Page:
Either ms-1 20, or ms-2 70, could be any of: a quadrupole ion mobility analyser, a quadrupole ion trap, a linear ion trap, a time of flight mass spectrometer, an FT-ICR mass spectrometer, a so-called orbitrap, as described in, for example, WO-A-02/078046, or any combination thereof. Instead of permanent magnets, Tesla coils may be employed. A high current electron emitter may be employed instead of an indirectly heated cathode, or an array of electron-emitting cathodes (including those made as an integrated circuit), or any other electron-emitting device may be contemplated.

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Referenced by
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US8080786 *Aug 6, 2009Dec 20, 2011Hitachi High-Technologies CorporationMass spectrometer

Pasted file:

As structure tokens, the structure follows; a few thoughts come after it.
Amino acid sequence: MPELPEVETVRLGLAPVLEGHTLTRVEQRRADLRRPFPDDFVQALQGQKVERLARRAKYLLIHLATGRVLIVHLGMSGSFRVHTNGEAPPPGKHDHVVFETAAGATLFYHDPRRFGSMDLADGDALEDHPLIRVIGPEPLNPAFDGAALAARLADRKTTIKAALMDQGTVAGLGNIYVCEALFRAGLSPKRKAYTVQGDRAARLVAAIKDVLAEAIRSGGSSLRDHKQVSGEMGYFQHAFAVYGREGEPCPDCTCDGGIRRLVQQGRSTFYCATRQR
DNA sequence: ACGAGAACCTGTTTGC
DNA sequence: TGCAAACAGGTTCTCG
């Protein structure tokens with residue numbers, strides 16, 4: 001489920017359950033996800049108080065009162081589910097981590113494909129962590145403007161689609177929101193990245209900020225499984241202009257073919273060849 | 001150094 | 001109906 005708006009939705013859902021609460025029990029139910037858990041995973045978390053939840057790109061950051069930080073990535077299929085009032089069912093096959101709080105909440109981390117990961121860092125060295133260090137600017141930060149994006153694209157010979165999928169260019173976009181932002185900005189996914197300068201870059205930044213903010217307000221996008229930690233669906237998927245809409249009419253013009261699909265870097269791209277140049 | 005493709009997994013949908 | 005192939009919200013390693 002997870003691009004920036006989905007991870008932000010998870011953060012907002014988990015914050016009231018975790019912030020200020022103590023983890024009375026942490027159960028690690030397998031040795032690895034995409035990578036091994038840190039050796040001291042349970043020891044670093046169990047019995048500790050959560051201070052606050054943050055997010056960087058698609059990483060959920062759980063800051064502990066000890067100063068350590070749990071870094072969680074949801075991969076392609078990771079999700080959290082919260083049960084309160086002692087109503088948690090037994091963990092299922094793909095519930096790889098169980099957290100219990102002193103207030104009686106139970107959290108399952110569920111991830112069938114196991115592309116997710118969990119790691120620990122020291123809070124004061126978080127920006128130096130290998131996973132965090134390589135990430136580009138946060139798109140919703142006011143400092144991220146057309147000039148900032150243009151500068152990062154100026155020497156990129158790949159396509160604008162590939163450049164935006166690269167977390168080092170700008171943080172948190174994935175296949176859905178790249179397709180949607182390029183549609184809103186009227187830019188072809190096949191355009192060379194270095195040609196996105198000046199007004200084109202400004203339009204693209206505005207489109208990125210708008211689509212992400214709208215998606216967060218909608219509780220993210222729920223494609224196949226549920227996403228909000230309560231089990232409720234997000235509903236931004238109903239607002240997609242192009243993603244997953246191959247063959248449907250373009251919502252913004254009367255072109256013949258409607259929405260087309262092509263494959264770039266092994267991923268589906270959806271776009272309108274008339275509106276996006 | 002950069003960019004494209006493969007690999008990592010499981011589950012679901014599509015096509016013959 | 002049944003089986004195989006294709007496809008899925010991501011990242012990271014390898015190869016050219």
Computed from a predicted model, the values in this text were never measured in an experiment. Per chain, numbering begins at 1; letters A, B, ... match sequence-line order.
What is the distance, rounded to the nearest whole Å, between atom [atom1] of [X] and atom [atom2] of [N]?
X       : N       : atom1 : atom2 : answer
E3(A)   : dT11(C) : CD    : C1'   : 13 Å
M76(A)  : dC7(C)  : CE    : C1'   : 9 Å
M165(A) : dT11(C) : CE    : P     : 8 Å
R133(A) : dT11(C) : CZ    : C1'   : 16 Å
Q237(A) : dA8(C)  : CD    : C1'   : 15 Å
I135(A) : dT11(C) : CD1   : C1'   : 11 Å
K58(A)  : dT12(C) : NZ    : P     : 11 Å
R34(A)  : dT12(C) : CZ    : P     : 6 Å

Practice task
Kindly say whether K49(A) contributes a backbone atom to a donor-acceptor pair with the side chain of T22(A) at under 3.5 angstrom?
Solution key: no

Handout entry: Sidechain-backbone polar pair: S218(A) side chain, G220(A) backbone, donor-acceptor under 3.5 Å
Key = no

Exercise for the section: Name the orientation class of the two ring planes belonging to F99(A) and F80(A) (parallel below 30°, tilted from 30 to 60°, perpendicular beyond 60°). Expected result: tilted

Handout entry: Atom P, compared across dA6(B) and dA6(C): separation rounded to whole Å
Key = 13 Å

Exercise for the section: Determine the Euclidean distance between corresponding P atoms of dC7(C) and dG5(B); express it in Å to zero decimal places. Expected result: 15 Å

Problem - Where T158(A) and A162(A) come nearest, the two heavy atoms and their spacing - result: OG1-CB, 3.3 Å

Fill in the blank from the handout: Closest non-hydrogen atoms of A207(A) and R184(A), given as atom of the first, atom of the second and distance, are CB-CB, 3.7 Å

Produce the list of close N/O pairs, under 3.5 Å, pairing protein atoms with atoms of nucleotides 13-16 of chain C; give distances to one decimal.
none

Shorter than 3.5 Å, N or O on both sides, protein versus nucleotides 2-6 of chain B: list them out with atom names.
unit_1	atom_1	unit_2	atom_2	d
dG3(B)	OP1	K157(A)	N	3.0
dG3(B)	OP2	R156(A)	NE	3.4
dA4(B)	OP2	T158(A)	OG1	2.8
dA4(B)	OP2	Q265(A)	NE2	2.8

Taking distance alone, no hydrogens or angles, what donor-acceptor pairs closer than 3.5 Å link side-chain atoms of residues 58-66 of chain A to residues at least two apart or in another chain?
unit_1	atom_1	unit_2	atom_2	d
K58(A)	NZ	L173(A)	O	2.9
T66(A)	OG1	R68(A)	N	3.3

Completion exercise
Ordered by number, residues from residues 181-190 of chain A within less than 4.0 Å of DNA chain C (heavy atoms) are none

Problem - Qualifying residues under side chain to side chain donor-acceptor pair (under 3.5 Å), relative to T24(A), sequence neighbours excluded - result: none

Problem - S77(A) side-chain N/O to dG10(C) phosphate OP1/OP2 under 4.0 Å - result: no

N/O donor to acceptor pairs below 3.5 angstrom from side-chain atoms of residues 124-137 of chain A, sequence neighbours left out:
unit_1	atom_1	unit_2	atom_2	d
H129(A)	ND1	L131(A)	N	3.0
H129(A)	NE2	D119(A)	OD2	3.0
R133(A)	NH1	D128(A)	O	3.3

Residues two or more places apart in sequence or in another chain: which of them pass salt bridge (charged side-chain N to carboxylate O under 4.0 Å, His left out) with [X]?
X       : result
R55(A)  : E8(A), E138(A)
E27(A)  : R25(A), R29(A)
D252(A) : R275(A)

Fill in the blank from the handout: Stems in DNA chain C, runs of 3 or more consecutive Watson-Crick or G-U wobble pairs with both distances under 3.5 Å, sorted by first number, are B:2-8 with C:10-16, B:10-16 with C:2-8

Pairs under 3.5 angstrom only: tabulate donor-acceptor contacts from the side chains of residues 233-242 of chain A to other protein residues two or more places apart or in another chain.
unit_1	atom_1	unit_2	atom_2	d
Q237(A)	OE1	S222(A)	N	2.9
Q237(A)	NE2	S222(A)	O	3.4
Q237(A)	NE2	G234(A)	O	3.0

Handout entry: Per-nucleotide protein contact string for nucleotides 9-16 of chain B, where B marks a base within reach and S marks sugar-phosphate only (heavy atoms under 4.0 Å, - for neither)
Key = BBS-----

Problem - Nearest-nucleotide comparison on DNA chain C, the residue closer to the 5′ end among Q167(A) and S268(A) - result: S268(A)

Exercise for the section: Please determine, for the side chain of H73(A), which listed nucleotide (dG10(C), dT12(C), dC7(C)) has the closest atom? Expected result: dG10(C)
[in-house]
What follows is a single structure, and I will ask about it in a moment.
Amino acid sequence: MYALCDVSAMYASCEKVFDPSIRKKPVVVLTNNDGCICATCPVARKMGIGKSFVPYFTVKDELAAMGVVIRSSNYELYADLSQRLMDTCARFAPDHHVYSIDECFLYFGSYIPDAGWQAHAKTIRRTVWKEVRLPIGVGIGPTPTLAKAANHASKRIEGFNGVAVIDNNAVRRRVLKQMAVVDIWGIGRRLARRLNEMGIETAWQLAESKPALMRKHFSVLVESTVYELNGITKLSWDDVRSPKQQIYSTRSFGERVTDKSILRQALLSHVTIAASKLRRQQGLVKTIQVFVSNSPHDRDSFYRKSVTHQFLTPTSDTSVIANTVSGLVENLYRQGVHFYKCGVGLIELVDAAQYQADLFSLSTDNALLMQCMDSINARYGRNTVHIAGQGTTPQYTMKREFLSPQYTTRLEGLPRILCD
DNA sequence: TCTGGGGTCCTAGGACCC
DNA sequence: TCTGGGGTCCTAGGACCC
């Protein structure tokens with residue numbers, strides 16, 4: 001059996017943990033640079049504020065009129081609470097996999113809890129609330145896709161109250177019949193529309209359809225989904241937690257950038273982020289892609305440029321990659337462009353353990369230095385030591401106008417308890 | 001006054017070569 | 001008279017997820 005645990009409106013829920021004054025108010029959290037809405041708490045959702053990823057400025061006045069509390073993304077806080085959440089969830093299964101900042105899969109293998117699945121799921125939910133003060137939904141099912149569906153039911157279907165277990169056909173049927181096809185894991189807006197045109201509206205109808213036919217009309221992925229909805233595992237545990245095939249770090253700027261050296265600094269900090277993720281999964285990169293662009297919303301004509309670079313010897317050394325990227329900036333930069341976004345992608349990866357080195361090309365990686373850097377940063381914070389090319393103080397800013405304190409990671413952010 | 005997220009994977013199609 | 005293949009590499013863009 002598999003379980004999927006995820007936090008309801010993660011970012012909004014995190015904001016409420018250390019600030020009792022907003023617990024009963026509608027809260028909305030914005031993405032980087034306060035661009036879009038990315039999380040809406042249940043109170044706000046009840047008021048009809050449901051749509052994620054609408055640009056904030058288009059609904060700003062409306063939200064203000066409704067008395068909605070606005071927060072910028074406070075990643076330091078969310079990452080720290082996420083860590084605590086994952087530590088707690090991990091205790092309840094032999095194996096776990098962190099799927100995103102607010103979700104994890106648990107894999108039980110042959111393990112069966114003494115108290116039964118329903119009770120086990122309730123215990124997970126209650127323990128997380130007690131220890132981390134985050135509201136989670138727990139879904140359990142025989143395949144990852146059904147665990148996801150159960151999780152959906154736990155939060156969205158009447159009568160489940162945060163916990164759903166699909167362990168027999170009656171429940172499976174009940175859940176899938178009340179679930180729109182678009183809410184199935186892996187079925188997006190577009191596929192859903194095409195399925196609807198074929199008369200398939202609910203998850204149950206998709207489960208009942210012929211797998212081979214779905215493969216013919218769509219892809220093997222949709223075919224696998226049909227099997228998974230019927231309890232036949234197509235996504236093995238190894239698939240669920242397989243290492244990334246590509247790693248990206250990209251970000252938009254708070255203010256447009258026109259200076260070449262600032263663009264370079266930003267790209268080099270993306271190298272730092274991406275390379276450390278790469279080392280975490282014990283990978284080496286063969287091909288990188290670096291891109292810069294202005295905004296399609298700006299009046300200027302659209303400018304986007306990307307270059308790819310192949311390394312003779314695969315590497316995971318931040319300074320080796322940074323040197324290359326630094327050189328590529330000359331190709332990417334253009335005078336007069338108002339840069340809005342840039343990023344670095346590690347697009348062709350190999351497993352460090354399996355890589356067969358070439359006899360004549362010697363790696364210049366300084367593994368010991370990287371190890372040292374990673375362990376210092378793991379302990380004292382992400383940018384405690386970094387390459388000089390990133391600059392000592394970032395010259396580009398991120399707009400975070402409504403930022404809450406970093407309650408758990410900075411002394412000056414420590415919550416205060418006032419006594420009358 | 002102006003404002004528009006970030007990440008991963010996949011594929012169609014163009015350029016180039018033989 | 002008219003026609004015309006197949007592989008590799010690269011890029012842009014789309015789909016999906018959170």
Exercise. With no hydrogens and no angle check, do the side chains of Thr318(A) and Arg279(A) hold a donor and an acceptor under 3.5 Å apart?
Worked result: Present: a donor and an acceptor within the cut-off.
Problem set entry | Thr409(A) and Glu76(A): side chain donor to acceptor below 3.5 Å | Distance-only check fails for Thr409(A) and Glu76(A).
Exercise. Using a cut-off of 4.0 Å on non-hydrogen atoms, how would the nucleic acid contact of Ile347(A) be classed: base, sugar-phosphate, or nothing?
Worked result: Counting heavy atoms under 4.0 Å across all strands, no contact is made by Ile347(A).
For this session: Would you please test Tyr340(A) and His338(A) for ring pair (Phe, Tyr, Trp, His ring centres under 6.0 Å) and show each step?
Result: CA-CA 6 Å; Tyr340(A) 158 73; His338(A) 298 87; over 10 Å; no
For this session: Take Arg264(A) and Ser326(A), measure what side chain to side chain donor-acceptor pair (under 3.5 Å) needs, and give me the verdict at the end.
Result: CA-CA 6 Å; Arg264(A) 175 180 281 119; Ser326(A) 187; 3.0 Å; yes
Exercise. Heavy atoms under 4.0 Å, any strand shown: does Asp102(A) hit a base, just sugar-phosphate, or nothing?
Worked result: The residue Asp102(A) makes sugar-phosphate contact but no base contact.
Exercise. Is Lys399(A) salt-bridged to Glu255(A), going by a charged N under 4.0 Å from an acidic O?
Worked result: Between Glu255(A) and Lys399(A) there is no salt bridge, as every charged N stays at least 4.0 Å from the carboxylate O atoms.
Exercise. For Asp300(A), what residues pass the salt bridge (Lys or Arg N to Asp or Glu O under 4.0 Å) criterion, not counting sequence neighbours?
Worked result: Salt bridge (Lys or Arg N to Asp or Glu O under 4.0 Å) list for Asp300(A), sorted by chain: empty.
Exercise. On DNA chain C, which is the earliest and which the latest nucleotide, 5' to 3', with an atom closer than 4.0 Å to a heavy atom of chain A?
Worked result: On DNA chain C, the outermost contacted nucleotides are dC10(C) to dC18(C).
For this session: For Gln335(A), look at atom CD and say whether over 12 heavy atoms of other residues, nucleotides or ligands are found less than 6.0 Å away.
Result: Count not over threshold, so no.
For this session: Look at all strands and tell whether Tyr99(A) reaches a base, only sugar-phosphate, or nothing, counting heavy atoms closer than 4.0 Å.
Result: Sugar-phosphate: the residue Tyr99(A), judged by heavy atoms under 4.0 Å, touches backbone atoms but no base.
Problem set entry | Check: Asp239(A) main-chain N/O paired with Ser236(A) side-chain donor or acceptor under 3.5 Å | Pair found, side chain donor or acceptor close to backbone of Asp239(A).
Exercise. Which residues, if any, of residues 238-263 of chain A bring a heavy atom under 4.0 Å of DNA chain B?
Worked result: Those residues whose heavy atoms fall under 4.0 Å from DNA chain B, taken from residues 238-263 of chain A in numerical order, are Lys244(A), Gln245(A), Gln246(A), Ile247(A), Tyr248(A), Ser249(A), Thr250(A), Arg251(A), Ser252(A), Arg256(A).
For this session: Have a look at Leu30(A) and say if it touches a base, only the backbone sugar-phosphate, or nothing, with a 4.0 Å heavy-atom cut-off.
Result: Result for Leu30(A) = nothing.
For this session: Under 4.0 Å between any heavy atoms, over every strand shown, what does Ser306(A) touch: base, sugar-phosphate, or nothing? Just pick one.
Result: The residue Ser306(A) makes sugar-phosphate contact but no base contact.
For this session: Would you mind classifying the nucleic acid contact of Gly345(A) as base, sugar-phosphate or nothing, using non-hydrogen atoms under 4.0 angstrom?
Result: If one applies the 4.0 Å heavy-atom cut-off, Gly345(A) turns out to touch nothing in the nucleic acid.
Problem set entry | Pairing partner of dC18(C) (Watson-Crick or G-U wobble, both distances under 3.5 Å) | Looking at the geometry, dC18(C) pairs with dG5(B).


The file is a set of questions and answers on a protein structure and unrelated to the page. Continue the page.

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Classifications
U.S. Classification250/282, 250/288, 250/286, 250/292, 250/283, 250/281
International ClassificationH01J49/04
Cooperative ClassificationH01J49/0054
European ClassificationH01J49/00T1E
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Effective date: 20050428